Humph! Random?! Not me. Well, I thought not me. That was until I reread my papers (college and high school) with newly opened eyes. Oh my, if they weren’t horrible! My ideas were all over the place. Before I even began to finish one line of thinking, I was off on the next. Everything was patchy and incomplete. I couldn’t believe no one had pointed this out to me before. I also couldn’t believe I was staring at papers covered in accolades and bonus percentage points. Ick. I was mortified.

Taking Dr. Z’s points into consideration, I spent the remainder of my time in his class raking in 4.0s. To this day, I know I’m a better writer for his honest feedback. Yes, it was hard to receive. It was worth it in the long run. Funny he didn’t feel the need to spare my feelings. Perhaps the people who care about you the most are the ones willing to risk you not liking them so they can point you in the right direction.

I’m An Alcoholic.

Monday, November 13th, 2006

Okay, not really. I can’t even drink alcohol without breaking out in giant hives. Sorry to disappoint if you were expecting this Blog to be a juicy confession.

I mentioned my Australian friend Helen on my About page. Don’t jump to conclusions, she’s not an alcoholic either. This post actually has nothing to do with alcohol. It’s about labels. Helen hates labels people stamp on their foreheads. Until she pointed out a label I casually used, I never gave it much thought. Labels smables…why should we care what people call themselves or others?

After giving the matter more consideration, Helen’s point of view is becoming more clear to me. Humans thrive on being able to call themselves something. I’m a manic depressive. I’m an alcoholic. I’m a shopaholic. I’m a Democrat. I’m a Republican. I’m a wife. I’m a homosexual/heterosexual. Our choices of what to call ourselves grows every day. The problem is, no person is one thing. When someone is defined by a label it opens the door for that person and others to limit him/herself to the category they’ve filed themselves under. That label becomes who they are from 12 a.m. to 11:59 p.m.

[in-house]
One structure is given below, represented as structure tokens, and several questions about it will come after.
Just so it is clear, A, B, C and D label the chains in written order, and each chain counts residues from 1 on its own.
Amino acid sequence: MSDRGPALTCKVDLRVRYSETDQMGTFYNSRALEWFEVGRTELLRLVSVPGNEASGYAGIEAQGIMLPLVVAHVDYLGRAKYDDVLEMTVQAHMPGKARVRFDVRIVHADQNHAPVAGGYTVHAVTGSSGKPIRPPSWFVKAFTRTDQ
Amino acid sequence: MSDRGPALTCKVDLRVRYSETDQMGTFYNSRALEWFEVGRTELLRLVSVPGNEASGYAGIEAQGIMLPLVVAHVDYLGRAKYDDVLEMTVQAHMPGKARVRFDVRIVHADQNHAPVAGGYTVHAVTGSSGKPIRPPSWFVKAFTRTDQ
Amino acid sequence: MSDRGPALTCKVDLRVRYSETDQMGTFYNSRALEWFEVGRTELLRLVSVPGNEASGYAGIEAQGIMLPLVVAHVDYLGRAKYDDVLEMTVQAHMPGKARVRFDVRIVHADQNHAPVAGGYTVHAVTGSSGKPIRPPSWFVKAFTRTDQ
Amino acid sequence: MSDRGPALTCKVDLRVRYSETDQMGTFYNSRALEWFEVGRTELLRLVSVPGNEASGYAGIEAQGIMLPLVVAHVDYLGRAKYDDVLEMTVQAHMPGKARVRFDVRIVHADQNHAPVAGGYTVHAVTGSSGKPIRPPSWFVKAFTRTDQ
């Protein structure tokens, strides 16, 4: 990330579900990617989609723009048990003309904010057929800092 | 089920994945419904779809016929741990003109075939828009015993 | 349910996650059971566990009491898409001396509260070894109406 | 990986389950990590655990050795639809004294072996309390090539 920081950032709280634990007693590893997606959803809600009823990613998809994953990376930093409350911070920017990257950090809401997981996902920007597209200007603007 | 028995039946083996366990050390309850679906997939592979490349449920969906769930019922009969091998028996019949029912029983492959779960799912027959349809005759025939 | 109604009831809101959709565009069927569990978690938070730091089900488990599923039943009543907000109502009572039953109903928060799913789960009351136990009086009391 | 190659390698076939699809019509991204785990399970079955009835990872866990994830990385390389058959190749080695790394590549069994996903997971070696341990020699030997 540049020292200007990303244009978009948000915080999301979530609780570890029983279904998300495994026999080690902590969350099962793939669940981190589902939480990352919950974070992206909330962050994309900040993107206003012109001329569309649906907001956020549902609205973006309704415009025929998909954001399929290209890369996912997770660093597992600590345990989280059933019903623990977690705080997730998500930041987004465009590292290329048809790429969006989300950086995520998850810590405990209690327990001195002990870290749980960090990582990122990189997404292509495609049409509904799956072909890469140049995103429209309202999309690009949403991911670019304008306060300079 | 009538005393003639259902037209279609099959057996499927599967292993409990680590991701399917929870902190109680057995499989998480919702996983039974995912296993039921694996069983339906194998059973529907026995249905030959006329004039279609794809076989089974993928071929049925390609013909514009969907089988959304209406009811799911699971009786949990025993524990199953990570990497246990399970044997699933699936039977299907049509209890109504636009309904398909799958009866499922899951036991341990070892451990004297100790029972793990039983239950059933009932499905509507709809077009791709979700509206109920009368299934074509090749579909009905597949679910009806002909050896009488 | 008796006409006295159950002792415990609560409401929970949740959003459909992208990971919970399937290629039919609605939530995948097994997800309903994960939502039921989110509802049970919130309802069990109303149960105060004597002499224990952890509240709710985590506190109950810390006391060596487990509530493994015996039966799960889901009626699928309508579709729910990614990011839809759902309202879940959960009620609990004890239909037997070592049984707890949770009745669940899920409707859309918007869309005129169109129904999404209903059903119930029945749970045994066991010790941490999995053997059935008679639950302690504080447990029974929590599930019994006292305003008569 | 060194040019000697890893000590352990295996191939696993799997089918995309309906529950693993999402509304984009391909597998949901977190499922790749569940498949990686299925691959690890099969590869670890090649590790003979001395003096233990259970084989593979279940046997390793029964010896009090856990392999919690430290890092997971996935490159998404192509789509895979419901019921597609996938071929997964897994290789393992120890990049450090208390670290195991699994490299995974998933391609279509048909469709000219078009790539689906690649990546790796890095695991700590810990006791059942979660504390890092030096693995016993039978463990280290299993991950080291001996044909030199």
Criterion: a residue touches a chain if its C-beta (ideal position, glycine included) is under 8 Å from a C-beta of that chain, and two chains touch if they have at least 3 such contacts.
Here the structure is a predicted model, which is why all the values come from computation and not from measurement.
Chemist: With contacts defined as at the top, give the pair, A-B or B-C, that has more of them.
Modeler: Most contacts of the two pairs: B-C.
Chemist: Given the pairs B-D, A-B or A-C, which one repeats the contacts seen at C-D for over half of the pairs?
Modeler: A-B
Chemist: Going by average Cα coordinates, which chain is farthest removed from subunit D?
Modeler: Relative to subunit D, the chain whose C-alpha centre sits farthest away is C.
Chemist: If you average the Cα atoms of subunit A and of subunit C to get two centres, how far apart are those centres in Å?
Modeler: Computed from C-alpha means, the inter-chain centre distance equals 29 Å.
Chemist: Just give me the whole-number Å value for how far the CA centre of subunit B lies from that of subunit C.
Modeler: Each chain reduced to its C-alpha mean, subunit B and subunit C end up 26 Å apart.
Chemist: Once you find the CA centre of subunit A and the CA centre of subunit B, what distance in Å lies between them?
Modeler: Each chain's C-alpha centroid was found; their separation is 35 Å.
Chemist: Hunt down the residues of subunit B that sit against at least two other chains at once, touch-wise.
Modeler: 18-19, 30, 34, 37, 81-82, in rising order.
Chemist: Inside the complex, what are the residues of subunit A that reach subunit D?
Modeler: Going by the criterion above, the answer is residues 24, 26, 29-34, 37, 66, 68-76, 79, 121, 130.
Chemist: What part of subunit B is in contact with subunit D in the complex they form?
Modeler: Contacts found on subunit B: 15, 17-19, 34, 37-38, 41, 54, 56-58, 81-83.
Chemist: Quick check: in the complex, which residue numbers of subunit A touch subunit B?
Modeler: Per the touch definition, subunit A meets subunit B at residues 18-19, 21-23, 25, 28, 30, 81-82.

Negative and presumably positive labels have the same unfortunate result. You can label yourself in a way that is so good, you ignore or fail to realize shortcomings and areas you can improve. “I am a Mensa; therefore, my actions are never stupid.” It’s hard wake up each morning a better person that way. You can label yourself in a way that is so negative, you fail to realize the positives and bright spots that give you the strength to climb over obstacles. That, too, makes it hard to wake up a better person than the day before. Since we are hopefully striving to become better citizens of the world and happier souls, it seems logical to me the answer lies in understanding and presenting our total person.